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Brothers Stormy Toffee Apple and Brothers Spiced Orchard, to inspire operators writing their winter drinks menu this year.”
10 Cater for Low and No
Rob at Thatchers says: “Mulled cider creates amazing theatre throughout the winter. The beautiful spicy aromas that an urn of warming mulled cider produces is most definitely an attraction throughout the colder months. “Thatchers will be supplying customers with urns and mulled cider sachets once again this year, starting from early October to encompass Halloween and Guy Fawkes celebrations.” David at Sheppy’s adds: “There is a noticeable uplift in sales of our Winter Spiced Cider around Christmas, as it acts as the ideal base for mulled cider. It is important for operators to make this option available to customers not only in December, but throughout the remainder of the colder months to really maximise the season.”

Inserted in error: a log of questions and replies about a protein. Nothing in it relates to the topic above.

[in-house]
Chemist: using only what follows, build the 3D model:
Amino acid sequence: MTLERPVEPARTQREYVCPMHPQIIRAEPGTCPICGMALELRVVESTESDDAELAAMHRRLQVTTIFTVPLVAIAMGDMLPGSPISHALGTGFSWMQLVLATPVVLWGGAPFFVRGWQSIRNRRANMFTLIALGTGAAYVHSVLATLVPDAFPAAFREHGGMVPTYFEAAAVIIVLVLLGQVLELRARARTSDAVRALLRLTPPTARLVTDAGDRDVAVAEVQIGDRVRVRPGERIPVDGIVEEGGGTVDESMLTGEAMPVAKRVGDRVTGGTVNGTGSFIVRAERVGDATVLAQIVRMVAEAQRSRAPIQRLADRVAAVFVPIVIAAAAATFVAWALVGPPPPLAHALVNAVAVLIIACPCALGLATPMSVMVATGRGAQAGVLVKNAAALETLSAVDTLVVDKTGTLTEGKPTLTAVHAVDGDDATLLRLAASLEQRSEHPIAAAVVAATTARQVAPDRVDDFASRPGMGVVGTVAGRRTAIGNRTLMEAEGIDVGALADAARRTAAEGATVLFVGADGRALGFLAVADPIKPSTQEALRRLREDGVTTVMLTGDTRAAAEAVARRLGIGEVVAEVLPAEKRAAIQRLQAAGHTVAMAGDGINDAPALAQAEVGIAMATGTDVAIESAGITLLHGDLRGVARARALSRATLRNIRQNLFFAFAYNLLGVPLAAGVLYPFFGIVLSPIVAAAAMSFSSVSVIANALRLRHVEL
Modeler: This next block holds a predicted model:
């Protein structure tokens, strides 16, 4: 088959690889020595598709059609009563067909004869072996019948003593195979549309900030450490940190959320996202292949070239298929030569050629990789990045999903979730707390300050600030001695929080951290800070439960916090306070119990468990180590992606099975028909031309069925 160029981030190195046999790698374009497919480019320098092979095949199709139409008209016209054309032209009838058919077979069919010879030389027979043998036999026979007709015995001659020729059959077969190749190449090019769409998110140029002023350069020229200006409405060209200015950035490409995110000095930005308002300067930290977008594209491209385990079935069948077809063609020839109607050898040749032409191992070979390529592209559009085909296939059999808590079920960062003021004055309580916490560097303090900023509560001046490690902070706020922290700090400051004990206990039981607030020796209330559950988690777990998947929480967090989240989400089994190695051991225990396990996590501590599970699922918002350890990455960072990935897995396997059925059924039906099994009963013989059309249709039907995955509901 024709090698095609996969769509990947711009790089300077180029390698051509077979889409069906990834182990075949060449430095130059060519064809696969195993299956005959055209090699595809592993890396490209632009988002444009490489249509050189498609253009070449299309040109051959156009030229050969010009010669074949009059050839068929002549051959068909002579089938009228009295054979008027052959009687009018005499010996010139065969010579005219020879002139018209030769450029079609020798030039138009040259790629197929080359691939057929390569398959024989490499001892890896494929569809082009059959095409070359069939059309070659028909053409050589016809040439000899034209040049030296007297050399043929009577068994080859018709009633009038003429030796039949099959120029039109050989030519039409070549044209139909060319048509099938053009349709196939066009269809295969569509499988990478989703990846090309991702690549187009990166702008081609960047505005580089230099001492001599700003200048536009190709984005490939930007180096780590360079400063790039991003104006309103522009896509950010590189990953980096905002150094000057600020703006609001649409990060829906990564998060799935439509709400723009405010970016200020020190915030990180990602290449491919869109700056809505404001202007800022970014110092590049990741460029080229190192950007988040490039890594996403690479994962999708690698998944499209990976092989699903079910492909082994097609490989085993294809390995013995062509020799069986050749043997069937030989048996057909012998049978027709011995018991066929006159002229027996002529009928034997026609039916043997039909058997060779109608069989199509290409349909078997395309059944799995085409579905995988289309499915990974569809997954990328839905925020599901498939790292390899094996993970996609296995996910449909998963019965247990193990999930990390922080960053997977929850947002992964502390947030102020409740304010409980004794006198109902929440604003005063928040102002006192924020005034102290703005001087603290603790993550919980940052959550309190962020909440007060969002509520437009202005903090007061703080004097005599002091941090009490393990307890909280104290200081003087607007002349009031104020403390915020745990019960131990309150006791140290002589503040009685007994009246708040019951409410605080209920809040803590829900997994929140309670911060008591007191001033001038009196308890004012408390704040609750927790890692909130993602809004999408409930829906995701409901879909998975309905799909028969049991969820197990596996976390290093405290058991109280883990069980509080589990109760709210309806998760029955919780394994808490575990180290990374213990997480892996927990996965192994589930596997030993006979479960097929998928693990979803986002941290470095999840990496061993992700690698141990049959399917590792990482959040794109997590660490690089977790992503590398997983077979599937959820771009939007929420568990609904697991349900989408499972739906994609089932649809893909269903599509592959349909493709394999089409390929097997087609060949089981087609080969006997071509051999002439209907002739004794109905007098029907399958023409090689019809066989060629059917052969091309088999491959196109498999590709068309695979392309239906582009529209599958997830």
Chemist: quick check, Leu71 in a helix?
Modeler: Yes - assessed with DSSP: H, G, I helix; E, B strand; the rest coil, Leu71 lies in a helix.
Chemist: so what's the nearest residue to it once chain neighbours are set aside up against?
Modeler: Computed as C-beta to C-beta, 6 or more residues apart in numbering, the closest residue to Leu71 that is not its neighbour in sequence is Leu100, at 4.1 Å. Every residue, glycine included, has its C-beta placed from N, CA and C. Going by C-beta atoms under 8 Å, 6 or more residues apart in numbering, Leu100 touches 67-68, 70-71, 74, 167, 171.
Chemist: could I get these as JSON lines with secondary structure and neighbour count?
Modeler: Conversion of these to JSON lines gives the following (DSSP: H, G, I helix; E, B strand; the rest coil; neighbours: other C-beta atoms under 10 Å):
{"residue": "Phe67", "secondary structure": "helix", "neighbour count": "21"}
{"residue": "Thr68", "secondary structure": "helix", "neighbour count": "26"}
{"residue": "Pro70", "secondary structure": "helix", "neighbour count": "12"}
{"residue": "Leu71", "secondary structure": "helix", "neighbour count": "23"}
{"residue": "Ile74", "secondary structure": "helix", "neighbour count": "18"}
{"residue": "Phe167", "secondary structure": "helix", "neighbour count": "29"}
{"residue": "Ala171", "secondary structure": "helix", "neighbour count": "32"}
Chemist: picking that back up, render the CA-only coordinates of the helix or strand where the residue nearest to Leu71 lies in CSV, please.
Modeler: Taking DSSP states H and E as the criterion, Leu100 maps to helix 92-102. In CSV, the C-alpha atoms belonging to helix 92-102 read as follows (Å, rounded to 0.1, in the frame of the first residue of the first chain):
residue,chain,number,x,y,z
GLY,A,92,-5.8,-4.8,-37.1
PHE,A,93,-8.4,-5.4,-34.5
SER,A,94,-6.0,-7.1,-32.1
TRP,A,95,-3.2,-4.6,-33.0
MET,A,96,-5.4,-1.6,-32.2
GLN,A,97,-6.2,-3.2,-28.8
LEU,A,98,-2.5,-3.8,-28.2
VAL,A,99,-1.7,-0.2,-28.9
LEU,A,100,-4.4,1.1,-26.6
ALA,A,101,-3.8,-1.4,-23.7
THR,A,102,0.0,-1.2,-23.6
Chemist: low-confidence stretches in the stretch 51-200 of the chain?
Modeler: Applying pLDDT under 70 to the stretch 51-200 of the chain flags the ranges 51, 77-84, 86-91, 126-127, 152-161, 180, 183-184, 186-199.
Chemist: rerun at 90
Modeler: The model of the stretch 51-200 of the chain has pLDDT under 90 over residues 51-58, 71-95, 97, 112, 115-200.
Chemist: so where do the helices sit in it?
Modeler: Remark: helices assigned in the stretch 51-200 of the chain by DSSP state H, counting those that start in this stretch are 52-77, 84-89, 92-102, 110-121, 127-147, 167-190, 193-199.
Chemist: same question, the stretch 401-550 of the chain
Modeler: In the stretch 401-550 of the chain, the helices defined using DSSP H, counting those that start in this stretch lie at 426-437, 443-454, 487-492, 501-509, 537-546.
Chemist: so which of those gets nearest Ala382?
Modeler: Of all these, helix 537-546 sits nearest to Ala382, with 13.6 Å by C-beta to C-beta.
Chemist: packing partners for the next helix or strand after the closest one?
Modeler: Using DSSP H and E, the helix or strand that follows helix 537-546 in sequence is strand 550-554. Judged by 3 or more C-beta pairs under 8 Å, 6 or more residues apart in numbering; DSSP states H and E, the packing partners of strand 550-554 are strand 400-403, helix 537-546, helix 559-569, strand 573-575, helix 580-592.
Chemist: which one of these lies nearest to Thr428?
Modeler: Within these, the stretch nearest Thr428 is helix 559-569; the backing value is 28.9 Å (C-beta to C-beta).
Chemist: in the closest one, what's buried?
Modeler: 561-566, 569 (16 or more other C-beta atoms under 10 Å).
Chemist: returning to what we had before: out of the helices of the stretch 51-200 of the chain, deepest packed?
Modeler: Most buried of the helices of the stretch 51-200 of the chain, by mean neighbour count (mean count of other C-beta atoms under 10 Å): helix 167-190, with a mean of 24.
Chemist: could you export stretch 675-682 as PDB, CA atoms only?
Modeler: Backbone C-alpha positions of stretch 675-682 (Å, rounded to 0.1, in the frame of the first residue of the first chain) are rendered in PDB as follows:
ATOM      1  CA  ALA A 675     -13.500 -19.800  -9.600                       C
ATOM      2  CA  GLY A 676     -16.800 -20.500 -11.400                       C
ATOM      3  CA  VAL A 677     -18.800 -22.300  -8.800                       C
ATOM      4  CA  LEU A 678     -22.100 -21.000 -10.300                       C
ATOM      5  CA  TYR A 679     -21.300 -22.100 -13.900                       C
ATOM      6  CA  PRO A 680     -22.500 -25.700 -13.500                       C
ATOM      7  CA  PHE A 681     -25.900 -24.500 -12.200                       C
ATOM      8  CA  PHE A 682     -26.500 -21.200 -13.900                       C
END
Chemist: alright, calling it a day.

Make cider cocktails
Mulled cider is the “fail-safe” option according to Nicola from Brothers, but there are other ways you can spice up your cider offer. She says: “Introducing alternative drinks, such as cider cocktails, is a great way to get cider to appeal to a new market of consumers that may not have originally considered it. We’ve developed a range of cider cocktail recipes, including